1) probably all of us want to raise the minimum wage. I think $15 is too much of a shock, but happy to discuss. I find it objectionable the "if not $15 you're wrong". $15 means $22 or so for an employer.  In lower Alabama, that's quite a big spend at the catfish hut or carwash or beauty salon or receptionist or for a Web designer or cold-calling call-center employee. In a pizza place that's maybe 3-4 pizzas to pay that salary per hour per employee, and on weekdays we had trouble selling 100 pizzas the whole night in a bigger city. A quick check, there's a $40k home on the highway in Hamilton, $280k in Jasper. These prices are way out of whack vs New York or California or Texas. So a one-size-fits-all model seems unworkable to me except as guideline. Fix it by state, region, town, or actively negotiate it to get some balance. Certainly current rate is too low. But if a black kid or untrained worker comes looking for an entry level menial job, a $22/hour employer cost is going to hurt the number of jobs available. Maybe make minimum wage kick in after 1 year? Just a thought. BTW, people who are retired on earlier pay would pay the higher $22/hour for health costs - check out the current price for assisted living or senior homes, and to have a minimum $22/hour + margin for someone to check in on you or check your medicine or drive you to your appointment starts to add up quickly.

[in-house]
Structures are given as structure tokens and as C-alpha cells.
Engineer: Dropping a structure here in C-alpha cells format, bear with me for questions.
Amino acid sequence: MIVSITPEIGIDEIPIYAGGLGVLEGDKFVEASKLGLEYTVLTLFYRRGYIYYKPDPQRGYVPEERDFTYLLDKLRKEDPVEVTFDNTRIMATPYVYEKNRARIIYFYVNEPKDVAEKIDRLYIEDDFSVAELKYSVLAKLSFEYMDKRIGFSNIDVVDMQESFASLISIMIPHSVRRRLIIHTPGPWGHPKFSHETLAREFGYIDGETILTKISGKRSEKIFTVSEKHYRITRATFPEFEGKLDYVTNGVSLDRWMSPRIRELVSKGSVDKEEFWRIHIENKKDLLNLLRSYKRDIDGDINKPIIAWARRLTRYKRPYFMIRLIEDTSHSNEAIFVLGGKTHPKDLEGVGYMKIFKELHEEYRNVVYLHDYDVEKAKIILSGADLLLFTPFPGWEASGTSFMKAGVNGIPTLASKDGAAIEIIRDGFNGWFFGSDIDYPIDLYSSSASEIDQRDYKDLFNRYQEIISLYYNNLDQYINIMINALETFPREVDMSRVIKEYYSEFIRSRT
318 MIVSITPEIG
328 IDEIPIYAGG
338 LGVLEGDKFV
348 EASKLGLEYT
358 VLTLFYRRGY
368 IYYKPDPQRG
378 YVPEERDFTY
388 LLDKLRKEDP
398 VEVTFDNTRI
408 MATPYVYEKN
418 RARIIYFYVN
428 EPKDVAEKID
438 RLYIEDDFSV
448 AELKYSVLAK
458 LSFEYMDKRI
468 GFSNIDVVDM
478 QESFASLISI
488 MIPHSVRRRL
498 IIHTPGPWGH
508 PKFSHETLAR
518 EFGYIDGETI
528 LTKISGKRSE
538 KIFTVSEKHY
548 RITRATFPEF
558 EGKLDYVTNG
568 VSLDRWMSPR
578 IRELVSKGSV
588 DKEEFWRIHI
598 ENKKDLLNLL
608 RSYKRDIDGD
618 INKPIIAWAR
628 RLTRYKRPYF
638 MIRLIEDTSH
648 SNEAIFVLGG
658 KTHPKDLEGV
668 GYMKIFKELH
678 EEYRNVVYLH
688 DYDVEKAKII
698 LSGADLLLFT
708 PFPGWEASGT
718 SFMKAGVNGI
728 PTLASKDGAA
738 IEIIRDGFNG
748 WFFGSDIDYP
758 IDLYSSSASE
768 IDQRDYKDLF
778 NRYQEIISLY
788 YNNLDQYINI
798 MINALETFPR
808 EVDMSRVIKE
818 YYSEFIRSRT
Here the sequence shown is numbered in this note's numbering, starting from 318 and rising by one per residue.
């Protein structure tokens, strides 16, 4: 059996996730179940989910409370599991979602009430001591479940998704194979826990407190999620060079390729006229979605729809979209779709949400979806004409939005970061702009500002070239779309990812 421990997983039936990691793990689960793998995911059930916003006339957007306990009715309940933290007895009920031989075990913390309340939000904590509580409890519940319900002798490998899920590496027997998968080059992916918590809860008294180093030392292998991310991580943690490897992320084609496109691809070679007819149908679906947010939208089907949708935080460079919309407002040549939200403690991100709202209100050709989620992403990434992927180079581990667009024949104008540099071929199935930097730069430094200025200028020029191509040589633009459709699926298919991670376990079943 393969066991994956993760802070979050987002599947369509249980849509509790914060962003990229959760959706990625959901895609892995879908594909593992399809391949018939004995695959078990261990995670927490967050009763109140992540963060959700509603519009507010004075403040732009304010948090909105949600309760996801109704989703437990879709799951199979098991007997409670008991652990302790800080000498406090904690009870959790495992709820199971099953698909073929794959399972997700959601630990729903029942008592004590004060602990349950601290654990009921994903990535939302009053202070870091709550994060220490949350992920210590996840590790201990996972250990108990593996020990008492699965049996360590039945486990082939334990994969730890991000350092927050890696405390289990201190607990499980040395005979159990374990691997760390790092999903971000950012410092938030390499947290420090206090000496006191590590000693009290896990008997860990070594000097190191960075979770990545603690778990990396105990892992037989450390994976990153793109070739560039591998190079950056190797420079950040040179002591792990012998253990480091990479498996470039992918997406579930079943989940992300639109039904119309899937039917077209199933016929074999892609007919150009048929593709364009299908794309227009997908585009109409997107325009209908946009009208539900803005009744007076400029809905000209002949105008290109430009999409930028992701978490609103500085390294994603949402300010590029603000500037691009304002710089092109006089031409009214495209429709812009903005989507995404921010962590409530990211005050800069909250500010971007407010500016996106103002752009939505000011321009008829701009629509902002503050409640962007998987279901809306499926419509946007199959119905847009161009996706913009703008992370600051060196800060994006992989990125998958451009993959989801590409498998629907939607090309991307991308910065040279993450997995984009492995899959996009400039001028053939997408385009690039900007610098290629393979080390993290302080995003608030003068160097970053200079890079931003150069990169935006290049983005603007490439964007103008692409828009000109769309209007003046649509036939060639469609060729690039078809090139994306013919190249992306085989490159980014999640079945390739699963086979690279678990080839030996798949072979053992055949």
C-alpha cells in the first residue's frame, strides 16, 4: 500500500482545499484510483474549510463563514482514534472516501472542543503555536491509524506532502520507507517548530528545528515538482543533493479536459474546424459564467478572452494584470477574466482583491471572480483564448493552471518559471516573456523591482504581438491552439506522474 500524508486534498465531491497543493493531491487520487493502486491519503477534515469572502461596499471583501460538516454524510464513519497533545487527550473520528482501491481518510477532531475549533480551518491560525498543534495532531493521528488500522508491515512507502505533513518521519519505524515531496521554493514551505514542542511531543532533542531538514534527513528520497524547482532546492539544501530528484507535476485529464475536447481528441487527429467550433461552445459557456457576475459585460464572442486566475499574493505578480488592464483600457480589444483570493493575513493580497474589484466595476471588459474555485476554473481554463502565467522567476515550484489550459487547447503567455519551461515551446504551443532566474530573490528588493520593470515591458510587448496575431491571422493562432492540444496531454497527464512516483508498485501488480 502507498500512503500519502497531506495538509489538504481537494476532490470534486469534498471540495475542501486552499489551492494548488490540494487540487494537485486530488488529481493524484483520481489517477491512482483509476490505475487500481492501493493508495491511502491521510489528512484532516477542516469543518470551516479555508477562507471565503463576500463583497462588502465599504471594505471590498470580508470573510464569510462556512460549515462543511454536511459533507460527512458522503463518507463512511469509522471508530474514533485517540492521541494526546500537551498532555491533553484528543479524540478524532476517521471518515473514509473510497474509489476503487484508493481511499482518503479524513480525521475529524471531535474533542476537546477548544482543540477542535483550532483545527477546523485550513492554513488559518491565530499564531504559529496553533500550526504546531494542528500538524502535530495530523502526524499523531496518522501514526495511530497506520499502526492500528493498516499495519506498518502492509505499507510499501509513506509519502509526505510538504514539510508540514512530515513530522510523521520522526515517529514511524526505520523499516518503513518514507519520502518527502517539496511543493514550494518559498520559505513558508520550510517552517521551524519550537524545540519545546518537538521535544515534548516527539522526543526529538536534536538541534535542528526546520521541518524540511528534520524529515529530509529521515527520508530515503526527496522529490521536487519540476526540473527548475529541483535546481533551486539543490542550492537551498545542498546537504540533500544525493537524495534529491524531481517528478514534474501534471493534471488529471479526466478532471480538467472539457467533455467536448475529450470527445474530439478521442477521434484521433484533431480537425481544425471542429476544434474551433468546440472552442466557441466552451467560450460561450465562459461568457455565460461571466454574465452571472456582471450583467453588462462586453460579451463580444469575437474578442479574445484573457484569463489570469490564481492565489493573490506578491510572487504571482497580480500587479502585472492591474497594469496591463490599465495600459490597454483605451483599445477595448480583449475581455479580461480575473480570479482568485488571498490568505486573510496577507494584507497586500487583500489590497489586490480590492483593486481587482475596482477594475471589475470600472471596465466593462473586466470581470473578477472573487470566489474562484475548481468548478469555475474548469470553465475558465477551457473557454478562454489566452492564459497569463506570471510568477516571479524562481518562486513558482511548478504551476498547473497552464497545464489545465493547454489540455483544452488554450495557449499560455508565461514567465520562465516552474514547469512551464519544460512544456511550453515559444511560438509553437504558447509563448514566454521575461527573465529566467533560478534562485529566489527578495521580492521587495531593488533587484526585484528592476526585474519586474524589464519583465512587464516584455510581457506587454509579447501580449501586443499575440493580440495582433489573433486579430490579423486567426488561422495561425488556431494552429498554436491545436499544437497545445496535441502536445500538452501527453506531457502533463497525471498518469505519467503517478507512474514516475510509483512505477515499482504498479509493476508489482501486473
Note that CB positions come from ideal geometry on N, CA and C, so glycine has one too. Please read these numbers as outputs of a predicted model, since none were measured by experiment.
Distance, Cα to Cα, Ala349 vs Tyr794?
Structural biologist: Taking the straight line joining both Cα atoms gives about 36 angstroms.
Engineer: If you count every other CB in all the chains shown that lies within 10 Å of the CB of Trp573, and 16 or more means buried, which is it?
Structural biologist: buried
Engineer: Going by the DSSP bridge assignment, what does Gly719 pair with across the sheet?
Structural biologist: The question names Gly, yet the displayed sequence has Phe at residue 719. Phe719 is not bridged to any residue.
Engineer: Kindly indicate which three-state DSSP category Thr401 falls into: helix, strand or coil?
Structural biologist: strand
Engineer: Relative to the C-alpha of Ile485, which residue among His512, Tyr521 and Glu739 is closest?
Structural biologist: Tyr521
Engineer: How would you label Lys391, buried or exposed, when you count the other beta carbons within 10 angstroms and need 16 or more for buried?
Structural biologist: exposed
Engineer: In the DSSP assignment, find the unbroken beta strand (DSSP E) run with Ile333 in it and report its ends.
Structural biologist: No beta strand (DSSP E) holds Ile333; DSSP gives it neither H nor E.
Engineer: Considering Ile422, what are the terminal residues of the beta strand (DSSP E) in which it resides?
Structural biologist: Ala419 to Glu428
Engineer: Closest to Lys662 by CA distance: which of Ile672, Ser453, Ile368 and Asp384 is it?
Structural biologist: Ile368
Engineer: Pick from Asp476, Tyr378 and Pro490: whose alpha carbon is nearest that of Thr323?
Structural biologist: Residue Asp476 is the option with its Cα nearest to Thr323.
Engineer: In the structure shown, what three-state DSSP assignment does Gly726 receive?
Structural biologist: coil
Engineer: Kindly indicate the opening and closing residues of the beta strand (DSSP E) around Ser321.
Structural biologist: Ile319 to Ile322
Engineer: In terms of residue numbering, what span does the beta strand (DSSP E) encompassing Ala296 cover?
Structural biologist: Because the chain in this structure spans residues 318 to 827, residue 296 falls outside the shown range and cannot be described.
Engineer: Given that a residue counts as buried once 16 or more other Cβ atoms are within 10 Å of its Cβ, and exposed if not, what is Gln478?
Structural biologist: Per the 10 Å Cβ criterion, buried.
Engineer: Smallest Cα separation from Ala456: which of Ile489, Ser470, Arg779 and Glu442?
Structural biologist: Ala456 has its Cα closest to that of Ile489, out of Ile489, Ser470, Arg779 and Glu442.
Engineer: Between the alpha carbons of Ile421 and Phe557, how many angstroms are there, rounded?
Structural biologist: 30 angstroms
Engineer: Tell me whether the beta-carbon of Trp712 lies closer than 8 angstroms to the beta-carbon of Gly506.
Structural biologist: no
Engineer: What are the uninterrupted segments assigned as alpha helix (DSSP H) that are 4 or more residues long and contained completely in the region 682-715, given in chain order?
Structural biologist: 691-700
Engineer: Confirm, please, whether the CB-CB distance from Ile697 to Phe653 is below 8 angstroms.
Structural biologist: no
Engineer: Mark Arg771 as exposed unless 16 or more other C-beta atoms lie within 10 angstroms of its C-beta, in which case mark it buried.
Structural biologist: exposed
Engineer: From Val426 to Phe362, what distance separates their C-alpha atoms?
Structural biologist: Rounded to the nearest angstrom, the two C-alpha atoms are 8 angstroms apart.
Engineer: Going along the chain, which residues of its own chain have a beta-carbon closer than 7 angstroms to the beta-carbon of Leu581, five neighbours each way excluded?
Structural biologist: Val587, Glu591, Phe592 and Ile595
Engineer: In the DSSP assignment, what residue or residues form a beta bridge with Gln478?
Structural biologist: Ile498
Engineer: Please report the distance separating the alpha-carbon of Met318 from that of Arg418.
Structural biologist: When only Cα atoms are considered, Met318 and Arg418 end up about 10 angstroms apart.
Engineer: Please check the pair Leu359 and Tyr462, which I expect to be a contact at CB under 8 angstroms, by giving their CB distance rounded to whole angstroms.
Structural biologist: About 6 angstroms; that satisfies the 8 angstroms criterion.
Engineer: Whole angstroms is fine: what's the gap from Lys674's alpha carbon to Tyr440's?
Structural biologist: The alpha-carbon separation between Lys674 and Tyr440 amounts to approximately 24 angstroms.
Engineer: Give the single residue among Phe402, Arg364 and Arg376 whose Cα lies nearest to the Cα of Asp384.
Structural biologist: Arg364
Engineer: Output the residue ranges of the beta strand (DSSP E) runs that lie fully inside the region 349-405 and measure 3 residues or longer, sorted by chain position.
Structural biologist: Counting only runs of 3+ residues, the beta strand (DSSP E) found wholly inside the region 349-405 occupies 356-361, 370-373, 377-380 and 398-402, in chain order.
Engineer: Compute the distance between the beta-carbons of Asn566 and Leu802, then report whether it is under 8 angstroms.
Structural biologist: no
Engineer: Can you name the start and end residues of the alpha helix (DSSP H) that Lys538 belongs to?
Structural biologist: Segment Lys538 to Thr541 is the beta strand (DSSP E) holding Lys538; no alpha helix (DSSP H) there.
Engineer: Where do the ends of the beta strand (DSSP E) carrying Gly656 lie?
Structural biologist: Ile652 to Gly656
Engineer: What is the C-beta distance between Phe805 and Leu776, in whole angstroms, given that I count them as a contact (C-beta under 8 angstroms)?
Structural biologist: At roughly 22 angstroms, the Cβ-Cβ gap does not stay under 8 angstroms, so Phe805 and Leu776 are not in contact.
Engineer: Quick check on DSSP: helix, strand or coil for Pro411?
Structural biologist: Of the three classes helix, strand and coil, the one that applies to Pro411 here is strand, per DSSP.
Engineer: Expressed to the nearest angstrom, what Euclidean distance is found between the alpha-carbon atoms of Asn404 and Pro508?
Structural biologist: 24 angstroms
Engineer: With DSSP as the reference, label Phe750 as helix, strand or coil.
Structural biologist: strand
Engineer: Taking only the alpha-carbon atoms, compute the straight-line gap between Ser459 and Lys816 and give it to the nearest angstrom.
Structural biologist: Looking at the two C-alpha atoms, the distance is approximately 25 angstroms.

Free education without regards to parents income has little to do with the black experience, so I'm not sure why you're worried about it. Blacks in general get much more support in college, and the bigger issues are making it loan-free so not shackled for years to come, and making high school education better so blacks can compete once there - something that seems to be happening as BobSomerby tracks black vs white progress in school systems. I have a problem with completely free education, since I don't think people value free enough, and I see an issue where diverting more of the 18-22 group to college dries up a large source of workers along with military recruitment, so companies and the military will have to pay much more to recruit. May be good, may be bad - it bothers me that no one discusses, as it's a big change. And I don't see college as necessarily the answer to work preparation in 2016 when tech changes every 3 years and skills are upgraded constantly. I might be better off writing code or working in a research facility those 4 years (and much richer) than getting a general English and History and Science education abstracted from a job. In 2016 I can be trained for many jobs in 4 months - 4 years is a long time.